This week, Cleanse the Timeline is dedicated to people who defy expectations. Tomi Obaro recommends a book about the sex lives of African women that features 32 interviewees with vastly different experiences, while Stephanie McNeal talks about the unlikely rise of Remi Bader from an influencer who critiques fashion brands for their sizing limitations to someone with her own fashion line. Finally, Deep Water is out, and it’s an interesting time for Ben Affleck fans. Elamin Abdelmahmoud explains how the A-lister stays afloat despite a hefty balance of flops. (Remember Saving Christmas? Me neither.)
Estelle Tang, senior culture editor
Welcome to Read This, where we recommend something old or new to add to your ever-growing book pile.
The Sex Lives of African Women: Self-Discovery, Freedom and Healing by Nana Darkoa Sekyiamah
Over the course of five years, the blogger and writer Nana Darkoa Sekyiamah interviewed 32 women across the African diaspora about their sexual experiences and relationships. The result is this varied collection featuring as-told-tos with people ranging from a trans dominatrix in Berlin to a solo polyamorous Senegalese septuagenarian. The honesty and frankness with which these women share their experiences of falling in love, lust, and their traumas, too, is fascinating. One woman converted to Islam in her late 30s and married a man with two other wives. She talks candidly about that adjustment. Another woman in her 70s talks about her invigorating sex life with her wife. It’s the kind of book that inspires you to reconsider your own romantic preconceptions and to imagine new, healthier dynamics. —Tomi Obaro
Hi, and welcome to Like and Subscribe, Stephanie McNeal’s column about the accounts she just can’t stop following on social media.
How Remi Bader Went From Making Fun of Brands to Making Her Own Fashion Line
About a year ago, no one really knew who Remi Bader was. Now the influencer is designing her own fashion line and acting as a spokesperson for multiple brands; she even just went to the Oscars.
How’d she do it? By making fun of brands for their restrictive sizing options and, through her popularity and humor, encouraging them to respond. Her videos clamoring for bigger sizes were extremely popular, proving there was plenty of opportunity to change, and brands jumped on board.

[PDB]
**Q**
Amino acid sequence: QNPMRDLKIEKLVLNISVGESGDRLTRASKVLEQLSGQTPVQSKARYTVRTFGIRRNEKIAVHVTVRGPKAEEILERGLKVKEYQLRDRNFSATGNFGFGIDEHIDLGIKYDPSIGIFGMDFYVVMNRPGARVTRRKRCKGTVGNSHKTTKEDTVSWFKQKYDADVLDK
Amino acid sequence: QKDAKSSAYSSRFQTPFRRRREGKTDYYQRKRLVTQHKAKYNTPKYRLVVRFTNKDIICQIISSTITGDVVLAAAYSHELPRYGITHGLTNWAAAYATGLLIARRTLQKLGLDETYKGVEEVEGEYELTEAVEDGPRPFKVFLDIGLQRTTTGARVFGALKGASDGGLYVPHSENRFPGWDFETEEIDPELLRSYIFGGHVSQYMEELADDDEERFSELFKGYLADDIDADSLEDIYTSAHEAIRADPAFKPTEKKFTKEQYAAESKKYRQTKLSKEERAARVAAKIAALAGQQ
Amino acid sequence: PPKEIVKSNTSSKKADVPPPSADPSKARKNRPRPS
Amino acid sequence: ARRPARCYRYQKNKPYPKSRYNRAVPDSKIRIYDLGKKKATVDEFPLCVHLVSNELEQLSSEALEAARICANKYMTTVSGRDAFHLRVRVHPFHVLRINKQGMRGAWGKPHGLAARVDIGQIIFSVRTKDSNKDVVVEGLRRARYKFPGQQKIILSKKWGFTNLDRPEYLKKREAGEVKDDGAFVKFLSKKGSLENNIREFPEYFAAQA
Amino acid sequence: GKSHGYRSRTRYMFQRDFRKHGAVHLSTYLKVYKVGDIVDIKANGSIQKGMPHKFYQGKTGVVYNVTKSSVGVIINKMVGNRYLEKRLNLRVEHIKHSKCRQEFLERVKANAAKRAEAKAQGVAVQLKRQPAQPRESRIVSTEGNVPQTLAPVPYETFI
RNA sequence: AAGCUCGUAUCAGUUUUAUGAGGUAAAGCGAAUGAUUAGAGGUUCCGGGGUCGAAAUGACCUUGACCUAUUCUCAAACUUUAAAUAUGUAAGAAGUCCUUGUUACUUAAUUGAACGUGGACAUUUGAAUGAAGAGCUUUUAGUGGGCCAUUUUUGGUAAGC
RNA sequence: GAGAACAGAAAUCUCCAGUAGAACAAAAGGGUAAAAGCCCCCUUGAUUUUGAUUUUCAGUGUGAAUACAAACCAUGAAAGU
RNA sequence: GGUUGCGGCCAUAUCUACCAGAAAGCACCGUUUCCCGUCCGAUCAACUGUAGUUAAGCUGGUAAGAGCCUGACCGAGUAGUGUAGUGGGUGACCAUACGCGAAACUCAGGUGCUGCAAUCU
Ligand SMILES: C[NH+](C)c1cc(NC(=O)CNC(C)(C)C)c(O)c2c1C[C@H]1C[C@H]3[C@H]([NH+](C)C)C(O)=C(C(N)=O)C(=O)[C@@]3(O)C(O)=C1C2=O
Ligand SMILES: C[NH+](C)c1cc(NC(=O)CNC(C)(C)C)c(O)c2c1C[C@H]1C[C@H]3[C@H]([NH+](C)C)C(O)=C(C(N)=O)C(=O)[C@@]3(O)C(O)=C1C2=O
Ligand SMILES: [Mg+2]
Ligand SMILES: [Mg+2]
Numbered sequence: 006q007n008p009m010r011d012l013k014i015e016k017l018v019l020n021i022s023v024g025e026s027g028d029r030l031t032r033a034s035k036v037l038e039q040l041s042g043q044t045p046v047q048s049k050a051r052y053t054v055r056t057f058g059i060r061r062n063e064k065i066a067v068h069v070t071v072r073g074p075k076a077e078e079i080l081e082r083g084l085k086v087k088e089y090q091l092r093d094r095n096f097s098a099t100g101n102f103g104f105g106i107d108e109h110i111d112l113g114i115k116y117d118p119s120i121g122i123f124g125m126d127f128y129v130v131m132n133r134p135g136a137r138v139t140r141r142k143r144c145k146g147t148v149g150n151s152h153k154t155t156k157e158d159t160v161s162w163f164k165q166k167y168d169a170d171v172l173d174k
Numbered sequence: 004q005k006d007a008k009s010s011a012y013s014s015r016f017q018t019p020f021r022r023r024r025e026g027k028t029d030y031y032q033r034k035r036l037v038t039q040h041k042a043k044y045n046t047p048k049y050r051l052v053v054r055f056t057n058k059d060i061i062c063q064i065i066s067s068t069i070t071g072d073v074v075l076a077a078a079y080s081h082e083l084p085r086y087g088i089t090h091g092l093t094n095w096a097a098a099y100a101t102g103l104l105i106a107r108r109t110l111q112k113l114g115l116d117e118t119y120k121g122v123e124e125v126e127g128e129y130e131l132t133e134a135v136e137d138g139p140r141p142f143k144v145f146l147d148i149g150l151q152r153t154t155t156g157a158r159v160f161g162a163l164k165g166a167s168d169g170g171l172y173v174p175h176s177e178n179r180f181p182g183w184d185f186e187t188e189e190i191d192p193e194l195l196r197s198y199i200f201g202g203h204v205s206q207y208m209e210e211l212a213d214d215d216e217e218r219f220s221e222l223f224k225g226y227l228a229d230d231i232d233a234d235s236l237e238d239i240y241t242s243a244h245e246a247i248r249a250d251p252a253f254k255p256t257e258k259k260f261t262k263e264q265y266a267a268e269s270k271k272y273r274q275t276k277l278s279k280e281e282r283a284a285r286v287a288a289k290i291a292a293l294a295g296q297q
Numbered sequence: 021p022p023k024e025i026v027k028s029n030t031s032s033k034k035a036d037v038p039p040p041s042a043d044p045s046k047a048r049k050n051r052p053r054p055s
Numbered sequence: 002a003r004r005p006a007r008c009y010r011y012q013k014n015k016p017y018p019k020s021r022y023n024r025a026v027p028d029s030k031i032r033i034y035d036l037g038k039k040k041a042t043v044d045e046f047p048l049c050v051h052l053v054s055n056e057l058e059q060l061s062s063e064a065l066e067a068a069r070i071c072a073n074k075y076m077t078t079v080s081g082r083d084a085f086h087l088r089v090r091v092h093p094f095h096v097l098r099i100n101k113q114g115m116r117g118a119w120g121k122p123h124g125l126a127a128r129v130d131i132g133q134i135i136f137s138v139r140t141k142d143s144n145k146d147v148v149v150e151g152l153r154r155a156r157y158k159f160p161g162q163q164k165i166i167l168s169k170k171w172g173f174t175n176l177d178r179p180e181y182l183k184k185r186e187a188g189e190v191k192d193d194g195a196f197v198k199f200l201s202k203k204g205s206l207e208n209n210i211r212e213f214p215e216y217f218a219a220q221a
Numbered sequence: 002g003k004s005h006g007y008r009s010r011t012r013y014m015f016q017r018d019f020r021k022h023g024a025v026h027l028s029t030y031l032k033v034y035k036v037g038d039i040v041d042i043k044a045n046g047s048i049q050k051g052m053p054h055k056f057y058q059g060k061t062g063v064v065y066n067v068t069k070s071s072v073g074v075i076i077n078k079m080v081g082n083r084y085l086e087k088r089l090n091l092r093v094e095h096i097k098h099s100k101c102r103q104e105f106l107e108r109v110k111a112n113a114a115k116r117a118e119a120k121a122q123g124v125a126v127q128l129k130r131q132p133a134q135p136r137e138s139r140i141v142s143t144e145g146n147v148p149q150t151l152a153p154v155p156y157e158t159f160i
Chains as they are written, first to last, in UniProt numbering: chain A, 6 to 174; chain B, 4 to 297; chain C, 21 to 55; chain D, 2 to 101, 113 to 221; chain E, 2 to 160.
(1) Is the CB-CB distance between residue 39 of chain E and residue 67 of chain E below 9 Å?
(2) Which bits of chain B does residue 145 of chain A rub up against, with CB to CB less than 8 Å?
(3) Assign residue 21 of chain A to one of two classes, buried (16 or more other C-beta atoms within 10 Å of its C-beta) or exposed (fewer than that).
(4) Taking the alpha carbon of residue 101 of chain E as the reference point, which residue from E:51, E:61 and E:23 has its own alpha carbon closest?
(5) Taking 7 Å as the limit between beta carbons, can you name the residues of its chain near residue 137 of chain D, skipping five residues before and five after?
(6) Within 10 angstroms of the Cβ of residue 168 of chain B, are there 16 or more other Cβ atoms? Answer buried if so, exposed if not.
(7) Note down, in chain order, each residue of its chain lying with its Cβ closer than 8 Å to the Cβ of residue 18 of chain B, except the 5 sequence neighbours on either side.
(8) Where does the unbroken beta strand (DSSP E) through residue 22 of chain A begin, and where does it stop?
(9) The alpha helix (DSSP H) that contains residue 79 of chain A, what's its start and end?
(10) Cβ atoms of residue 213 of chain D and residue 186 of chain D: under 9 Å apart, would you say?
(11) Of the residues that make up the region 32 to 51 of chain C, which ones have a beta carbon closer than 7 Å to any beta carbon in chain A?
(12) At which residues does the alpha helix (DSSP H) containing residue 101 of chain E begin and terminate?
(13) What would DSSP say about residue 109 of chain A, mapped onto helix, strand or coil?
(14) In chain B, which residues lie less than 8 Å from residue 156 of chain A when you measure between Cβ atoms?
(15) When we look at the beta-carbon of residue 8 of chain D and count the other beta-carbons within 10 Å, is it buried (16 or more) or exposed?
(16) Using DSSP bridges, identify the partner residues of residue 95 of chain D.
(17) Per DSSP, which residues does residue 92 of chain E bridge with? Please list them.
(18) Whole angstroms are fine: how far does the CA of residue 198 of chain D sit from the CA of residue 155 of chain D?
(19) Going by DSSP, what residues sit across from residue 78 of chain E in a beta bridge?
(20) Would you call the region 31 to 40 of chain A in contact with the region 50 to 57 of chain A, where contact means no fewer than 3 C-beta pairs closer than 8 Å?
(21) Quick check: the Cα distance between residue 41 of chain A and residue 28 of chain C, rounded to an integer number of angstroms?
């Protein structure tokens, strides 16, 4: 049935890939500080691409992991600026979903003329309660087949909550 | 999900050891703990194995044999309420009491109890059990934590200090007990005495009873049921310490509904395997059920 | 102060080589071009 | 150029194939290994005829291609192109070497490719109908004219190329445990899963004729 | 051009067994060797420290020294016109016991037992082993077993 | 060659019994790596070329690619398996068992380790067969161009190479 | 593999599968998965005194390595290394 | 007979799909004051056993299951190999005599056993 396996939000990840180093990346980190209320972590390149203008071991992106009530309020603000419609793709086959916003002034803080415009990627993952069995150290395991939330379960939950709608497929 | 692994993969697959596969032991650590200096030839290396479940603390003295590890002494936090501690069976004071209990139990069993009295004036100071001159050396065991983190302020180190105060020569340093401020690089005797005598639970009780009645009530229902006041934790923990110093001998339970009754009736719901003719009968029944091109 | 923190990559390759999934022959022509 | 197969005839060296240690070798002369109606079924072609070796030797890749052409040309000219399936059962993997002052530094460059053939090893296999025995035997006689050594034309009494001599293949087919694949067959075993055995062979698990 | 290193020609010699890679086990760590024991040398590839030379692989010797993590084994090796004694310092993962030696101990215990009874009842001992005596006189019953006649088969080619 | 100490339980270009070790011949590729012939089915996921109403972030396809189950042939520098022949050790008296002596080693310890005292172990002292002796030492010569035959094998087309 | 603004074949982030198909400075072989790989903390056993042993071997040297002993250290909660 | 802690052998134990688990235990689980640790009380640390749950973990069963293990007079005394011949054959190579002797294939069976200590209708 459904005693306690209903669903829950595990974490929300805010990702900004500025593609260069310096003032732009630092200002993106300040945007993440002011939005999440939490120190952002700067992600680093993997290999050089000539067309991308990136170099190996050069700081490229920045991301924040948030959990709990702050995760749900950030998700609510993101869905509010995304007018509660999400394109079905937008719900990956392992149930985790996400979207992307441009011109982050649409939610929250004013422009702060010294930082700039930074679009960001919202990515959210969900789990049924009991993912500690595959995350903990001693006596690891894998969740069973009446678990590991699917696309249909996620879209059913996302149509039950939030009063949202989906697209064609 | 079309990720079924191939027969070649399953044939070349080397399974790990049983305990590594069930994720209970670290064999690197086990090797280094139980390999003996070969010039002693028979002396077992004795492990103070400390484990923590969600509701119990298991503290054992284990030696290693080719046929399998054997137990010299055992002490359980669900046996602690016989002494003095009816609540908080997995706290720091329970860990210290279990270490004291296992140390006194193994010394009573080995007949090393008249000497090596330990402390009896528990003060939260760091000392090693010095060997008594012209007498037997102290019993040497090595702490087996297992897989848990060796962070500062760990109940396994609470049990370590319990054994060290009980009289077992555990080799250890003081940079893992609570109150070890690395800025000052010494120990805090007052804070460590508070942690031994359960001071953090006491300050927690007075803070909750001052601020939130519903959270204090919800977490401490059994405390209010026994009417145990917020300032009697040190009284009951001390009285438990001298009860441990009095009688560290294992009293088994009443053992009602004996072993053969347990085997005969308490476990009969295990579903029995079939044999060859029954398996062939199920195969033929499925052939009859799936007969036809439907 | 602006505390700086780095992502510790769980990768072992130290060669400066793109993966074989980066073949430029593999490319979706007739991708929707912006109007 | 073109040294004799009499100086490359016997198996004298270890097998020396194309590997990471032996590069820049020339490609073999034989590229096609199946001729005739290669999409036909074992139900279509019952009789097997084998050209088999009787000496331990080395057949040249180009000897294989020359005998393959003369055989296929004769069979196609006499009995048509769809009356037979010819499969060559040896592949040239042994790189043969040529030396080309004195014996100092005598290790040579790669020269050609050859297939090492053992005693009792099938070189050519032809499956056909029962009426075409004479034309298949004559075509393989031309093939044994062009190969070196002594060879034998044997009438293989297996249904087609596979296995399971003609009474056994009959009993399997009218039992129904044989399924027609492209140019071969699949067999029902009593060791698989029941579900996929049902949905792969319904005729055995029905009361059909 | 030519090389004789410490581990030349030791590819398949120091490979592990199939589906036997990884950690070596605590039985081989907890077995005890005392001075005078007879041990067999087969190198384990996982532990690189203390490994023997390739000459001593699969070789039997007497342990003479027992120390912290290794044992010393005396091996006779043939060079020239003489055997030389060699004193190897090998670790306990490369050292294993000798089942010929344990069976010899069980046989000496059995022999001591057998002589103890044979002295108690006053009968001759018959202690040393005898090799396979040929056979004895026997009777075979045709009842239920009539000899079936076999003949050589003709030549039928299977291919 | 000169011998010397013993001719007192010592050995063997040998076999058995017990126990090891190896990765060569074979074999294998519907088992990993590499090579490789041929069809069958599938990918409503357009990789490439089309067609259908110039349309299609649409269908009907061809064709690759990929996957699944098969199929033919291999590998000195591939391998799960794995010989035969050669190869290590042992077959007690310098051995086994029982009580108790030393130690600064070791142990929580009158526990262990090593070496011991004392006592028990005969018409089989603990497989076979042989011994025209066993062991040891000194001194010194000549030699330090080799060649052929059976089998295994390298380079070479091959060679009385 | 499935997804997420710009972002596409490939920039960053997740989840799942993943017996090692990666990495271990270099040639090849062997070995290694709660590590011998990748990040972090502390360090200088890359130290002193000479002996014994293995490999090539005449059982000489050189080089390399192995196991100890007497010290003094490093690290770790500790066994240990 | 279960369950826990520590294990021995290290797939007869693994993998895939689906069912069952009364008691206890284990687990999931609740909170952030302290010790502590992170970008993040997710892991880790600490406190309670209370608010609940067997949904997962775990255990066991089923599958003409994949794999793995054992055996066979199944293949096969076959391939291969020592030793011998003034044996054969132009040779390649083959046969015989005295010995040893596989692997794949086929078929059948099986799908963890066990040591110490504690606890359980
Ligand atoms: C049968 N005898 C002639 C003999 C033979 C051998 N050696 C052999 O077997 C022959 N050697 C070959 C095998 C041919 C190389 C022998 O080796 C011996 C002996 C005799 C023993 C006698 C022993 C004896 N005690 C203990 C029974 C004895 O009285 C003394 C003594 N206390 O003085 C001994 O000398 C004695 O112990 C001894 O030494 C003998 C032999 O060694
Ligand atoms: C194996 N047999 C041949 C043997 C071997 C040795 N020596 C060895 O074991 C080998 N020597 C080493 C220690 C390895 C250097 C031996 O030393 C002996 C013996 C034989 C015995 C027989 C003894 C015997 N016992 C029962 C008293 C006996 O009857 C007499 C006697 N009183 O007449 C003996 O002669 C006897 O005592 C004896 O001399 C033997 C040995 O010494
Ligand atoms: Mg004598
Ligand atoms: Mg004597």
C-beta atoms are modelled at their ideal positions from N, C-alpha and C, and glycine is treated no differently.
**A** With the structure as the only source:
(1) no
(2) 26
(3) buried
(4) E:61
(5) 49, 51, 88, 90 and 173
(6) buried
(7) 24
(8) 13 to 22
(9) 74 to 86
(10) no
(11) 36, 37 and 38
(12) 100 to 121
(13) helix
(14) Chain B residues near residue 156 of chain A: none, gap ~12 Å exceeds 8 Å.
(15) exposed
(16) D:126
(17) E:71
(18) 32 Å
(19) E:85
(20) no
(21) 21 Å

Bader, a 26-year-old model, isn’t the first plus-size influencer to make their mark by discussing the fashion challenges facing plus-size women, but she has exploded onto the scene due to her knack for content creation, humor, and the results she gets.
On TikTok, where she now has more than 2 million followers, Bader is known for her “realistic hauls” from stores like H&M, Abercrombie, and Zara. Like other influencers who share hauls of clothing from popular stores, Bader shows her followers the often hilarious reality of how clothes look in real life compared with online.
Revolve has been a common target for Bader. In one video, after showing how oddly some of the brand’s clothes fit her, she let out a cry: “Please, Revolve! Please! Just make some larger clothing ... like what if I came in and I created a brand for them?”
It turns out someone from Revolve was watching. Last week, Bader announced she would be designing her own line with the brand, which will be size inclusive up to 3X.
“I’ve always dreamt of being able to wear sexier and more sophisticated clothing for my body, and now I finally have the opportunity to bring this dream to life with Revolve,” Bader told WWD. “Every piece in the collection is something I was never able to find in my size or for my body, and now I can make this available to people that feel the same way, which is the best part.” Revolve reposted one of Bader’s videos making fun of the brand in its own announcement.